2) Clarity is Key

It’s important to be clear about what type of editing you’ll be receiving, and to iron out the specifics before your editor begins. Most editors will spell out the terms of your project in a formal agreement. I use a very simple one, but it states the name of the project, the flat rate or per-word rate, the date it will be delivered, and specifications about how additional work will be handled. I used to differentiate between types of editing, but I have since changed that to a “whatever it needs” approach because I have found that this best serves the author. However, flexibility reigns, always.

I also always ask authors if there’s anything in particular they would like me to pay attention to while editing, such as the ending, the pace, a particular character’s motivation, structure, or any number of things. Give this some thought before hiring an editor.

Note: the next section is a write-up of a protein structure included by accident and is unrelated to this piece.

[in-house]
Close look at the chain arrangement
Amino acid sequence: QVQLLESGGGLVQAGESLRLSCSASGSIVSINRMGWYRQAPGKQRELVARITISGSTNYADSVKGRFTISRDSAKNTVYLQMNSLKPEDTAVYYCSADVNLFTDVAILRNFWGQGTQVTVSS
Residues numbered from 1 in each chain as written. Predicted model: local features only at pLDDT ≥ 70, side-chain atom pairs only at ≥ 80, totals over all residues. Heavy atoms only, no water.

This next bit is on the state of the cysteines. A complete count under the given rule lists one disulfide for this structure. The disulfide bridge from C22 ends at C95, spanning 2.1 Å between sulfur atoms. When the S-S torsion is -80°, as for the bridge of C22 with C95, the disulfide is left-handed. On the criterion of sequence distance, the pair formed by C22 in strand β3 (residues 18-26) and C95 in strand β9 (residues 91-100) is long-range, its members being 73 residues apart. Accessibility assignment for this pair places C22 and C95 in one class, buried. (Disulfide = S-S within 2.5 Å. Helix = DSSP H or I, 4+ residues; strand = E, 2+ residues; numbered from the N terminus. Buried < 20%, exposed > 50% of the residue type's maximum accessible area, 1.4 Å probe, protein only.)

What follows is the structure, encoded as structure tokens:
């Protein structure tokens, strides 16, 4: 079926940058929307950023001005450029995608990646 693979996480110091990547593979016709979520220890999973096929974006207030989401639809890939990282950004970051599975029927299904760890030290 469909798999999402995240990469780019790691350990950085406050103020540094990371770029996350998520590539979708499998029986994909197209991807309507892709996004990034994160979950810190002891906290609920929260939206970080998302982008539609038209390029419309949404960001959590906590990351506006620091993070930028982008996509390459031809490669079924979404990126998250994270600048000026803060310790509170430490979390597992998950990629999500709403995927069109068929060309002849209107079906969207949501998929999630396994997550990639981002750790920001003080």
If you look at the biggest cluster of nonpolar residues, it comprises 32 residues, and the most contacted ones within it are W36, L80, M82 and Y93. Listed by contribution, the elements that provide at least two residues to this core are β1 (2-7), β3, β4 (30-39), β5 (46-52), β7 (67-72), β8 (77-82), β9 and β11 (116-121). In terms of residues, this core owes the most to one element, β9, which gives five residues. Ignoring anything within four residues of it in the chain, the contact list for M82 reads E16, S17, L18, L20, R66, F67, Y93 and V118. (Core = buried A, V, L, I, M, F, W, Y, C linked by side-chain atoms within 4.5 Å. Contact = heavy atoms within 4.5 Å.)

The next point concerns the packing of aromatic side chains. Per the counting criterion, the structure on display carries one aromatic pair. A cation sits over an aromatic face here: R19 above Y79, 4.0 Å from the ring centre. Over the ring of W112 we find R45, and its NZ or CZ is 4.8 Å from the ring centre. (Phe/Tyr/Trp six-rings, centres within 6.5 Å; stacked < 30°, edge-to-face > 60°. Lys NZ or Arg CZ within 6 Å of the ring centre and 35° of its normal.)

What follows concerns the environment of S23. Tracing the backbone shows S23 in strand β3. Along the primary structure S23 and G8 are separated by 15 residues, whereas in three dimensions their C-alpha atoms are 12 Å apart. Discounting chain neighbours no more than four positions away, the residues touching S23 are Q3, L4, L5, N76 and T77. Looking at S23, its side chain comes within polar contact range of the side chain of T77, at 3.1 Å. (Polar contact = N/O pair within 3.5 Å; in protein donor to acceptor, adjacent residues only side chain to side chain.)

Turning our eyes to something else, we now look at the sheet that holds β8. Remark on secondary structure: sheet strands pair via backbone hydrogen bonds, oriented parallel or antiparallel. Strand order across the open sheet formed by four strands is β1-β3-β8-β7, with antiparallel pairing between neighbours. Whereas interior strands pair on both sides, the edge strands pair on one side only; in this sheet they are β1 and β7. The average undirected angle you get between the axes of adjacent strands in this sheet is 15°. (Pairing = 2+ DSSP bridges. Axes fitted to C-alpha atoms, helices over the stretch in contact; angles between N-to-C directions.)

3) You Want Me to What?

When your editor returns your finished project back to you, by all means ask questions if you have any. You might need more clarity on why he deleted a certain section or why he asked you to expand another section. The editor should provide you with detailed notes, but if anything is fuzzy, ask.

It is not the editor’s job, however, to go back over the entire manuscript after you have made all the changes. That is almost another full manuscript edit. Your editor would be starting from scratch again with all the new changes, and would have to charge accordingly. The exception to this is that you might want to hire a copyeditor and/or proofreader to check the sections you changed. I offer to do this at a reduced rate.